What are food additives? Food additives can be defined as chemical substances deliberately added in foods, directly or indirectly, in known and regulated quantities, for purposes of assisting in the processing of foods, preservation of foods, or in improving the flavor, texture, or appearance of foods.

Friday, July 4, 2008

Antioxidants as food additive

Antioxidants as food additive
Antioxidants are food additives used, since about 1947, to stabilize foods that by their composition would otherwise undergo significant loss in quality in the presence of oxygen. Oxidative quality changes in foods include the development of rancidity from oxidation of unsaturated fats resulting in off-odors and off-flavors and discoloration from oxidation of pigments or other components of the food.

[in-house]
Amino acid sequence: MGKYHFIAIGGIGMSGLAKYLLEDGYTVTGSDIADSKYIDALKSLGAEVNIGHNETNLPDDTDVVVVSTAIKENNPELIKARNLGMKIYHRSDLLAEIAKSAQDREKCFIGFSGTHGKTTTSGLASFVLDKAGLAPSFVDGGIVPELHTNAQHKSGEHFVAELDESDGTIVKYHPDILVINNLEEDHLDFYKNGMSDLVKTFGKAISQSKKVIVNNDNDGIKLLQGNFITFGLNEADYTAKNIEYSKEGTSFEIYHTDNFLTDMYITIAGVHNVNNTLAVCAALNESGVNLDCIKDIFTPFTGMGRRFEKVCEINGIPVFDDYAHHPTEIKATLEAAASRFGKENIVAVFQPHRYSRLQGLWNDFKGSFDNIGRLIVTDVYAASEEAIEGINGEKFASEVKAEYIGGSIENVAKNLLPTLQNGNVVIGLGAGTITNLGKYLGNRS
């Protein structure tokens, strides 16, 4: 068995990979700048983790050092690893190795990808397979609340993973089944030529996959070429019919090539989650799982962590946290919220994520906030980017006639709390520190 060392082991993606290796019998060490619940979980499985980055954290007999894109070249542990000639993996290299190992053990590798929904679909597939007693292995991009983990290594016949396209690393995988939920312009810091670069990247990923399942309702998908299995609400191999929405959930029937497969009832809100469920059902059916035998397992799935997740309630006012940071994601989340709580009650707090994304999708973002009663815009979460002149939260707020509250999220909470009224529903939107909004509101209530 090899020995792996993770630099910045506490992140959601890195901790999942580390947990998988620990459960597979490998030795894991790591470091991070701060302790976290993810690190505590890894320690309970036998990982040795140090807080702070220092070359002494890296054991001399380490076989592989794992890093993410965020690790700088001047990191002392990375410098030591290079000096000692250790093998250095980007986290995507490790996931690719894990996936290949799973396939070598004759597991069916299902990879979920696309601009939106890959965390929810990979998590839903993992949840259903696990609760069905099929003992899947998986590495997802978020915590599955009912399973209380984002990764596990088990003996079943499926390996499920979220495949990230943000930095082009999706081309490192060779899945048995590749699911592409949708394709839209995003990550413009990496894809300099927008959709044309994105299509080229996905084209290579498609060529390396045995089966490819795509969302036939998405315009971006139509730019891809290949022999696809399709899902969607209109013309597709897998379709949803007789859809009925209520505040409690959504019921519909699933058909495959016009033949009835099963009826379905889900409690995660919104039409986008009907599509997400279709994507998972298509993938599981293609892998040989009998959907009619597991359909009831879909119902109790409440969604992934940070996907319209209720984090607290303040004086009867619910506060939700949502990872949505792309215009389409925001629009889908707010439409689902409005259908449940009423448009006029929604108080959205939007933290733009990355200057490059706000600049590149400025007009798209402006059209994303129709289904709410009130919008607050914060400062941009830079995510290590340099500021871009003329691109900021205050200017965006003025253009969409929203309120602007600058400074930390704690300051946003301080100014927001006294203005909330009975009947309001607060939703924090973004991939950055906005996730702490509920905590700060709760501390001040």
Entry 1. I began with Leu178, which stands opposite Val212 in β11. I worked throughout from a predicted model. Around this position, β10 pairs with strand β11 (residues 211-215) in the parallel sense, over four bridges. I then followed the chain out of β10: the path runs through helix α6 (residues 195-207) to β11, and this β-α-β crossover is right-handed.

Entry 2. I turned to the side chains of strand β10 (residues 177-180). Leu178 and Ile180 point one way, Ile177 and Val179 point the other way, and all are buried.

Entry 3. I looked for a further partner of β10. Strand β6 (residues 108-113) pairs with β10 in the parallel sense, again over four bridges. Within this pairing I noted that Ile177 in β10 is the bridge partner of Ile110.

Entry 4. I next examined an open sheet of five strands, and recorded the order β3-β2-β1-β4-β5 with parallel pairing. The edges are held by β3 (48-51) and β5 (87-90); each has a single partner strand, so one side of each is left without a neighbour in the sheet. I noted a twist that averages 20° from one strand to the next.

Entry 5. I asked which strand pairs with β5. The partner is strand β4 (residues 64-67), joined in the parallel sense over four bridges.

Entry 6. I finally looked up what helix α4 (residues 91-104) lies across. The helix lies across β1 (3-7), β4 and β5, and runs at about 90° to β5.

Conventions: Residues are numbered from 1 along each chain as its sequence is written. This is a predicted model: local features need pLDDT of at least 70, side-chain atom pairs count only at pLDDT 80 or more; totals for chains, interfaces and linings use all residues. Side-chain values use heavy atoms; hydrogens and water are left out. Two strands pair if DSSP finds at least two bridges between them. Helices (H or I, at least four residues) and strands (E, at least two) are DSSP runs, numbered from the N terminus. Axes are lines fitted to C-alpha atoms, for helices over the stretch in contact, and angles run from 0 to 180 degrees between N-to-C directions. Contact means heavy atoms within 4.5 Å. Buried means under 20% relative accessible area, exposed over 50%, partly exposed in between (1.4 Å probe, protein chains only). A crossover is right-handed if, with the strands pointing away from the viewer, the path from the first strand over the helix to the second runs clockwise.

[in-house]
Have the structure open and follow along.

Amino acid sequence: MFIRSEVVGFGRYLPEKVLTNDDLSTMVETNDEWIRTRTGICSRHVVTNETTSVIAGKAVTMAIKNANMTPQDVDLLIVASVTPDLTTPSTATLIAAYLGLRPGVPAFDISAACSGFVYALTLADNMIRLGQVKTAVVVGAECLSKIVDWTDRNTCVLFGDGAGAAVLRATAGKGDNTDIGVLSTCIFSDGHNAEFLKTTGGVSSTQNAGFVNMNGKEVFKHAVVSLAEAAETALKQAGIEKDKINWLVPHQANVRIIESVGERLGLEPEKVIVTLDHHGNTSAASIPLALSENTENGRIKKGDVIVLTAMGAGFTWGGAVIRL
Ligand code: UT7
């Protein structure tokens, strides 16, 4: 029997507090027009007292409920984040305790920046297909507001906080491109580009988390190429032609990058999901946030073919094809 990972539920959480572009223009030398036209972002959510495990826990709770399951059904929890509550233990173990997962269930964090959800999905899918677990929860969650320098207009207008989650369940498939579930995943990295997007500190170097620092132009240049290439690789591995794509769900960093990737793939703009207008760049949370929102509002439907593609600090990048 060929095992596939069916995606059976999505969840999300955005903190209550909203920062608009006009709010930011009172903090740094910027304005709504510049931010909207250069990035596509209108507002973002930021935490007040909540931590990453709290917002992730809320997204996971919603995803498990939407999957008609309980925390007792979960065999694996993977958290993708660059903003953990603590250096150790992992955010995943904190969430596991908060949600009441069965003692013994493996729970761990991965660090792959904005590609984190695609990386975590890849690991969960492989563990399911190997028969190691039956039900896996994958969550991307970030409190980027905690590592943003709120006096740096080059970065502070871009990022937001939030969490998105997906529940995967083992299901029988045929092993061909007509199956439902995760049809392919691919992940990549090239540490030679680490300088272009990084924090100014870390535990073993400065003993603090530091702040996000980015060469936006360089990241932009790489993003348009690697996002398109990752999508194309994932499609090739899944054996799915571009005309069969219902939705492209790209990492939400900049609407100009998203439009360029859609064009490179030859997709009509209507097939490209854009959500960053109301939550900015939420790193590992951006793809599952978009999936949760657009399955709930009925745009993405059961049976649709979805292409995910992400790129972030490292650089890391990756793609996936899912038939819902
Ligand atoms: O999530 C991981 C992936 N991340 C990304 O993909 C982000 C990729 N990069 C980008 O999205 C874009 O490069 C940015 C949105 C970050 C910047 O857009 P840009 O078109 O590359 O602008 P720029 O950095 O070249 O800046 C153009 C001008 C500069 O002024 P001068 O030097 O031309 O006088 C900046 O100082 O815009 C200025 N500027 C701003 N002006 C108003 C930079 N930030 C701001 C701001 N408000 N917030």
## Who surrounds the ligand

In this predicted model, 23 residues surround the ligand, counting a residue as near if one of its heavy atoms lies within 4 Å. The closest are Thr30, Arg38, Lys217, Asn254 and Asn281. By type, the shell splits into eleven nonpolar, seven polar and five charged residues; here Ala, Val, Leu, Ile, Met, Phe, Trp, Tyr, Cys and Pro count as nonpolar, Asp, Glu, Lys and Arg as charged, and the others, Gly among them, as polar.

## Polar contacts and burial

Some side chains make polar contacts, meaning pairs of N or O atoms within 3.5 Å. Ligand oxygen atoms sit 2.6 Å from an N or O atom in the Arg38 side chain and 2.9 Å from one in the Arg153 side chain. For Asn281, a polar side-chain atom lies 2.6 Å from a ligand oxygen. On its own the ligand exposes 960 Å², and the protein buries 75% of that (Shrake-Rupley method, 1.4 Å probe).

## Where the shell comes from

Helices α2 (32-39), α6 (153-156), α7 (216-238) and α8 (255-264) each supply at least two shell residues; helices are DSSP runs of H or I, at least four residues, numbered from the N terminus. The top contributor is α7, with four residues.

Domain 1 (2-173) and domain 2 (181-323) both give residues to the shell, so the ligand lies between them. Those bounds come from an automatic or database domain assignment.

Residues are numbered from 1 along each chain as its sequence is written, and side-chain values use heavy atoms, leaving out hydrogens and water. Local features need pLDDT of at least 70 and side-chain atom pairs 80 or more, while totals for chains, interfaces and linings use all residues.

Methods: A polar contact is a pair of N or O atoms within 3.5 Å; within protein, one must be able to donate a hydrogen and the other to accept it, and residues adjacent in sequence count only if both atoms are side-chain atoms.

Although it would seem relatively simple to prevent oxidation of foods by proper packaging and precaution during handling, the facts are that oxygen is difficult to exclude from food systems, especially since it is often closely associated with the food and that only minute amounts of oxygen are sufficient to degrade the food.

There are a large number of antioxidants, and although they may function in different ways, the net effect of each is to prevent, delay, or minimize the oxidation of foods to which they are added. One other ways by which some antioxidants function involves their combination with oxygen. Others prevent oxygen from reacting with components of the food. When only a limited amount of oxygen is present, as in a hermetically sealed container, it is possible for some antioxidants to use up all of the available free oxygen, because they have a relatively great affinity for it.

Antioxidants as food additive

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